Harris appoints new president

Richard “DJ” VanDeusen has been hired as the president of The Harris Waste Management Group Inc., a subsidiary of Avis Industrial Corp., headquartered in Upland, Indiana. He will be responsible for all aspects of the operation and management of Harris and its global product and service offerings.

VanDeusen spent 20 years with General Electric and eight years with Atlanta-based WestRock, gaining executive leadership experience in operations, supply chain and finance. Most recently, he was the vice president of finance at Altisource Portfolio Solutions in Atlanta.

Gregory King, president and CEO of Avis, says, “We are pleased to have such a gifted leader and someone with a deep background in the recycling industry join the Avis team and lead the charge at Harris.”

VanDeusen replaces King, who was promoted to his current position with Avis in October of last year.

VanDeusen holds a bachelor’s degree in finance from Siena College in Loudonville, New York, and is a graduate of the General Electric Financial Management Program.

Cordele, Georgia-based Harris has been a supplier to the recycling industry for 130 years, manufacturing ferrous and nonferrous processing equipment. The company’s products include balers, compactors, conveyors, shears and shredders that are sold worldwide. Harris has manufacturing facilities in Cordele and Baxley, Georgia, with an additional office in Tewkesbury, United Kingdom.

Avis Industrial is the parent company of nine wholly owned subsidiaries: AI International Inc., Louisville, Kentucky; The American Baler Co., Bellevue, Ohio; Crankshaft Machine Co., Jackson, Michigan; Edgerton Forge Inc., Edgerton, Ohio; The Harris Waste Management Group; James Steel & Tube Co., Madison Heights, Michigan; Pacific Forge Inc., Fontana, California; Peninsular Cylinder Co. Inc., Roseville, Michigan; and Sellick Equipment Ltd., Harrow, Ontario.

Alter names senior vice president, chief financial officer

Scrap metals processing company Alter Trading Corp., St. Louis, promoted Lisa Walden to the position of senior vice president and chief financial officer (CFO) Jan. 3. She previously served as the company’s interim CFO and continues to report to Jay Robinovitz, Alter president and CEO, following her promotion.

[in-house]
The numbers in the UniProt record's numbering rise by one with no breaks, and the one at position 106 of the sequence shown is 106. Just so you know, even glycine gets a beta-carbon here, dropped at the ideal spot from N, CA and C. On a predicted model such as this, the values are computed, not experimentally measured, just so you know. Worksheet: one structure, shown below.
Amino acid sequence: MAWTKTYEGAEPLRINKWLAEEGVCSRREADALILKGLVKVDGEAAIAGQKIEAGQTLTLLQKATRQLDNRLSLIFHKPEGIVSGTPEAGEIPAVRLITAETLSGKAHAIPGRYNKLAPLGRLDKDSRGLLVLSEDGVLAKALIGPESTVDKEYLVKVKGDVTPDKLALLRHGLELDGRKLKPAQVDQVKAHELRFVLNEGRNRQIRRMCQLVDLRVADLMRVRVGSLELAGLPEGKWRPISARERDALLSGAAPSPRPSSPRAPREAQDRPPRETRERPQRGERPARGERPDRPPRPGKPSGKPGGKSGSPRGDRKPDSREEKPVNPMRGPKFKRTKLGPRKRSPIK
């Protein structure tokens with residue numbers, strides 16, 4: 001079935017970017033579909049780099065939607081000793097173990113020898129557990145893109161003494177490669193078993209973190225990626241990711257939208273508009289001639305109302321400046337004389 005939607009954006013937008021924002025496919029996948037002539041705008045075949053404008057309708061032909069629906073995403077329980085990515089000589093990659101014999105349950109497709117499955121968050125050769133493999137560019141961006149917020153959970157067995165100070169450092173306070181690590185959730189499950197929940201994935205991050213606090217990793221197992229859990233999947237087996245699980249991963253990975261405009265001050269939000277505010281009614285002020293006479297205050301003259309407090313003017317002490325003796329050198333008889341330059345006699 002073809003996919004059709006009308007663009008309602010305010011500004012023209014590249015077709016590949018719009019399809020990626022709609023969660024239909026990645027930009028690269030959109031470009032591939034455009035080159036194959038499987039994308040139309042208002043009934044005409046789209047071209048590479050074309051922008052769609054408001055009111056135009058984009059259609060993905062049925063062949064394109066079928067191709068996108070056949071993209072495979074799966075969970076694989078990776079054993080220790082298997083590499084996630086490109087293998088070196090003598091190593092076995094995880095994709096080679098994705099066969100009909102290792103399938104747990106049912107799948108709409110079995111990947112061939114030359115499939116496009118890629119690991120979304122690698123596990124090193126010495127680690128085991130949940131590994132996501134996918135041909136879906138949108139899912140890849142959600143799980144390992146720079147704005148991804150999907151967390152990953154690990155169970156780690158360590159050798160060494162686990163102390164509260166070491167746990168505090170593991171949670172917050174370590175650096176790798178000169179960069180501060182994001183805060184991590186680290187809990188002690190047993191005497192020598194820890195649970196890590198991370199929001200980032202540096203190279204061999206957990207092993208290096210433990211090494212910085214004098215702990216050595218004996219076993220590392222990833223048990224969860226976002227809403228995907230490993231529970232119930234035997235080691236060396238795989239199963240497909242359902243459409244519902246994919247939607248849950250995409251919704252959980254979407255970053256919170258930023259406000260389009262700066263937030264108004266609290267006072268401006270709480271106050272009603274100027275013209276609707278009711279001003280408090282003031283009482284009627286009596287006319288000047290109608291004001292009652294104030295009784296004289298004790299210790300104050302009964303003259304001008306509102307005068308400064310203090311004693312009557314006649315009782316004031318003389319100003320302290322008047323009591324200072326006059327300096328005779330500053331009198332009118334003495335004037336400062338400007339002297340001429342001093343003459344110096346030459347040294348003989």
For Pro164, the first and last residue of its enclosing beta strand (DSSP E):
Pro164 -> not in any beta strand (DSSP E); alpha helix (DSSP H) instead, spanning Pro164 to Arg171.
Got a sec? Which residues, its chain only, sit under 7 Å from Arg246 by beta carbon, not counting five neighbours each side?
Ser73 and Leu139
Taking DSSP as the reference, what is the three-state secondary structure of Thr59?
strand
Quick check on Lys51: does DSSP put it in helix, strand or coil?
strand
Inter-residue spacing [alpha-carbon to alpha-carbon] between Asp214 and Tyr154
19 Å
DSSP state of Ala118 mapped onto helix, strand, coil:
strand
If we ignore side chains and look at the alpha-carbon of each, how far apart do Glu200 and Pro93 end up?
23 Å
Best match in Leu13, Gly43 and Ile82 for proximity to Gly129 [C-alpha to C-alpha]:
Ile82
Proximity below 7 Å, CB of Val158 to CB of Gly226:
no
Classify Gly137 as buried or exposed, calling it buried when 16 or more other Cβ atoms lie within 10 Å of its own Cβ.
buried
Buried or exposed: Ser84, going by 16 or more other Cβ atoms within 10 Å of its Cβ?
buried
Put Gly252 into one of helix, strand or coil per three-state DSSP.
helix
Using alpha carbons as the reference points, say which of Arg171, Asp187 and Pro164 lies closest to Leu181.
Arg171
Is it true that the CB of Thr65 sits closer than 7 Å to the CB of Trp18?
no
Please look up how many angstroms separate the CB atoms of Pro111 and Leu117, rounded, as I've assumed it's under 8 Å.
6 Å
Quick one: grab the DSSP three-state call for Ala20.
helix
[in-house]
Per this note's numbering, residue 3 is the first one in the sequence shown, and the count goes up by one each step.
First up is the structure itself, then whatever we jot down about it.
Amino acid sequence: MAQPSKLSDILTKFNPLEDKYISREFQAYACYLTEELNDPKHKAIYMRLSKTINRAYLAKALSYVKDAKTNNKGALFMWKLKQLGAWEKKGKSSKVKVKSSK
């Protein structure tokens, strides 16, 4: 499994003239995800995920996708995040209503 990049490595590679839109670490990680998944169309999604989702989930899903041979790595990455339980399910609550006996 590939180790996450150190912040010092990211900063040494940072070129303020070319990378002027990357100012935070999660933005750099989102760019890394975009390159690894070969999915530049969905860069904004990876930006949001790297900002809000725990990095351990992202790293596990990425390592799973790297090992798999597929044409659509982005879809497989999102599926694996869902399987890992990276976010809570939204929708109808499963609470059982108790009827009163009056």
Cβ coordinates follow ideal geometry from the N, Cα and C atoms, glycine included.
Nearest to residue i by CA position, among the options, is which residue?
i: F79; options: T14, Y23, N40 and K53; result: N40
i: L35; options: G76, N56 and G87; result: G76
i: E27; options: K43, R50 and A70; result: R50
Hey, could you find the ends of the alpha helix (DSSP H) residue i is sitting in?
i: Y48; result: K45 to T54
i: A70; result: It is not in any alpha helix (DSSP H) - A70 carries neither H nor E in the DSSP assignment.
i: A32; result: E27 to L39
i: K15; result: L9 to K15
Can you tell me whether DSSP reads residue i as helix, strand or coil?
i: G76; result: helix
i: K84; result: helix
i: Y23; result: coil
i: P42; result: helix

In a news release announcing Walden’s promotion, Alter says it is a strategic step to support the extension of the company’s growth strategy and to advance its succession planning. The company adds that it seeks to develop successors to its executive leadership positions from within.

Walden joined Alter in 2011. Before taking the interim CFO position, she served as senior vice president of finance and treasury. Alter says Walden has built an exceptional and professional finance team during her tenure, providing strong support to its operations and decisional support to senior management.

“Lisa has been a driving force in our growth and development over the past nine years,” Robinovitz says. “She has supported everything from our regional finance structure to our dynamic inventory process to our creative acquisition teams, all while developing a professional, operationally focused financial support team. I am so pleased that she has accepted the position as CFO.”

Founded in 1898, Alter is a privately owned, fifth-generation scrap processing and trading company and is ISO 9001 and 14001 certified. The company employs 1,325 people and operates 70 metal recycling facilities and seven trading offices in eight states, along with its representative sales office in Hong Kong.

AISI names Kevin Dempsey president, CEO

The board of directors for the Washington-based American Iron and Steel Institute (AISI) has named Kevin Dempsey AISI president and CEO. Dempsey had been serving as interim president and CEO since June 2020, when he was appointed to succeed Thomas J. Gibson. Prior to that, Dempsey served as AISI’s senior vice president for public policy and general counsel since 2009.

“At a time when we are challenged not only by the global pandemic but by unfair trade practices and massive global steel overcapacity, the AISI member companies have the utmost confidence in Kevin’s leadership and expertise,” says John Brett, chairman of AISI and president and CEO of ArcelorMittal USA.

Before joining AISI, Dempsey was a partner at Dewey & LeBoeuf, a global law firm. He has also served on Capitol Hill as counsel to Sen. John C. Danforth.


DJJ names new president

Cincinnati-based David J. Joseph Co. (DJJ) has promoted Mark Schaefer to president of the scrap recycling firm. He succeeds Craig Feldman, who remains an executive vice president of DJJ’s parent company Nucor Corp., based in Charlotte, North Carolina.

Since joining DJJ in 1985, Schaefer has served in a variety of roles, including brokerage representative and district manager in the ferrous trading business; vice president of logistic services; president of the U-Pull & Pay auto salvage business unit; and executive vice president of the DJJ recycling and brokerage groups. He was appointed Nucor general manager in 2013 and then vice president in 2014.

Schaefer is a graduate of Miami University in Oxford, Ohio, and earned his MBA from Denver University.

Founded in 1885, DJJ describes itself as one of the largest scrap brokers and processors in the United States. DJJ operates six regional scrap recycling companies in the U.S., contributing to a network of more than 60 facilities. The company also operates 12 self-serve used auto parts stores and 12 domestic and international ferrous and nonferrous scrap brokerage offices that trade scrap as well as ferro-alloys and specialty pig iron.